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The Congo Biogeochemical Observatory is an international consortium of researchers who study biogeochemical cycles (the pathways by which a key elements like carbon, nitrogen, and phosphorus move through the biotic and the abiotic compartments of Earth) in tropical Africa with focus on the Congo Basin. The Congo comprises the second largest swathe of tropical forest on Earth and faces mounting impacts from forest loss driven by shifting agriculture in concert with rapid human population growth. Given these accelerating impacts, we believe it is critical to study the biogeochemistry, ecology, and hydrology of this globally relevant yet largely understudied region.

Latest News

May 25, 2023

Job offer : PostDoc position as part of the TropSEDs project.

The researcher will be modelling anthropogenic perturbation of carbon fluxes from land to ocean in the Kasaï Basin.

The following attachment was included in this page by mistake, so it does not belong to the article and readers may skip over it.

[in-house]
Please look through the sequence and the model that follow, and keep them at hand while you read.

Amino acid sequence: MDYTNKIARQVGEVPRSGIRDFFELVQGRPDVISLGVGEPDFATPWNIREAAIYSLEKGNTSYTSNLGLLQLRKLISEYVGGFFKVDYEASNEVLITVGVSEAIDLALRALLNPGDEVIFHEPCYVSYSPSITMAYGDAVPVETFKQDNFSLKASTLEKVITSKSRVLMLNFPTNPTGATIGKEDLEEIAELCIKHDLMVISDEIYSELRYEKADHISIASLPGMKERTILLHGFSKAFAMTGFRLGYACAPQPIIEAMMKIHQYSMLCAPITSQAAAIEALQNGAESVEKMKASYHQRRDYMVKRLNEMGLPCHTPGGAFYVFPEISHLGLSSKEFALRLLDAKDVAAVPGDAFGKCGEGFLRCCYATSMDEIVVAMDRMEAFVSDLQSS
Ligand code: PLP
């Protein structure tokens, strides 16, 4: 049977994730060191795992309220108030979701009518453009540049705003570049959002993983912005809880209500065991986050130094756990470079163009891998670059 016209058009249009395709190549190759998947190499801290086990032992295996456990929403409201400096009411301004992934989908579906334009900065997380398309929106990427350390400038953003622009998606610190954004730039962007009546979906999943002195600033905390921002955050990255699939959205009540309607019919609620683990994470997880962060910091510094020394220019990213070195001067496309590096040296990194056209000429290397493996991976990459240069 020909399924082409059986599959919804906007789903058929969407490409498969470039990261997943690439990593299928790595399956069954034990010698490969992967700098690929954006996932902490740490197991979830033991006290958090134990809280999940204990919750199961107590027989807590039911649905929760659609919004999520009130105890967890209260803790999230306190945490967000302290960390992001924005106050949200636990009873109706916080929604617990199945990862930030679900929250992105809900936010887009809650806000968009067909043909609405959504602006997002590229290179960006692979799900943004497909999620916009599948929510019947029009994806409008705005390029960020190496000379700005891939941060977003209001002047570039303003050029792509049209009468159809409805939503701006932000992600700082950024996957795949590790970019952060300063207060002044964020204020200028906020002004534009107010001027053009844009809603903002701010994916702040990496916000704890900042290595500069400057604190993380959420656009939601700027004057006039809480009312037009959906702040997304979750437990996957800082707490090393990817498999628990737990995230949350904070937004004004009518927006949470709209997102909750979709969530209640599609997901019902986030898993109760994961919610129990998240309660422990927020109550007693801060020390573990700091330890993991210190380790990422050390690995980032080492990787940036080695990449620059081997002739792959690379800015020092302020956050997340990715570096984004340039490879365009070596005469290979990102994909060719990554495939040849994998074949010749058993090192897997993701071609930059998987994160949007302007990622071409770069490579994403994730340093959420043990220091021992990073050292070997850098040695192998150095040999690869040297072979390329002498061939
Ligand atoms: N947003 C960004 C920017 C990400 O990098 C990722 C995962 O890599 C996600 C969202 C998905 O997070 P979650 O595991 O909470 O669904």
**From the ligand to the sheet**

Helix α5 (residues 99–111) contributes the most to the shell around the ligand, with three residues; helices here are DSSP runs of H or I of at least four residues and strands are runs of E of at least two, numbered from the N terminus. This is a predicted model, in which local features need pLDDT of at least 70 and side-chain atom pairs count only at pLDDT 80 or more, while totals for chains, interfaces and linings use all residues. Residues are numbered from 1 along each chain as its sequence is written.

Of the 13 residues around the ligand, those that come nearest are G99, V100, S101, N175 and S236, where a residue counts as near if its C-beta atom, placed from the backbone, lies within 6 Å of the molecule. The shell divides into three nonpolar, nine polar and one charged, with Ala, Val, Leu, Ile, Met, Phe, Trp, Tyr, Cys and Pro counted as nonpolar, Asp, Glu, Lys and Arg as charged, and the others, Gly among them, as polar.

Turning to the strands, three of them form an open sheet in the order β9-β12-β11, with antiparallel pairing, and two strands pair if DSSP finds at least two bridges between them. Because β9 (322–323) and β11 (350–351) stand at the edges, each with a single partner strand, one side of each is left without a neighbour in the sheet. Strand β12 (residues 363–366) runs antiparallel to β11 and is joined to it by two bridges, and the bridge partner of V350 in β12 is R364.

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April 05, 2023

Lissie De Groots PhD work on tropical soil erosion in the Kasaï Basin was featured in the News of the World Food System Center (WFSC) of ETH Zurich.

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January 24, 2023

Kidinda et al. show in a recently published article how the chemical index of alteration can be used in highly weathered soils of the humid tropics to study the influence of geochemical properties on microbial nutrient acquisition. Read article

August 14, 2022

Carbon allocation and net primary productivity of forests and soils in tropical montane ecosystems along the Albertine Rift System are driven by soil fertility and the geochemistry of the parent material. This was shown by Bukombe et al. at Augsburg University.

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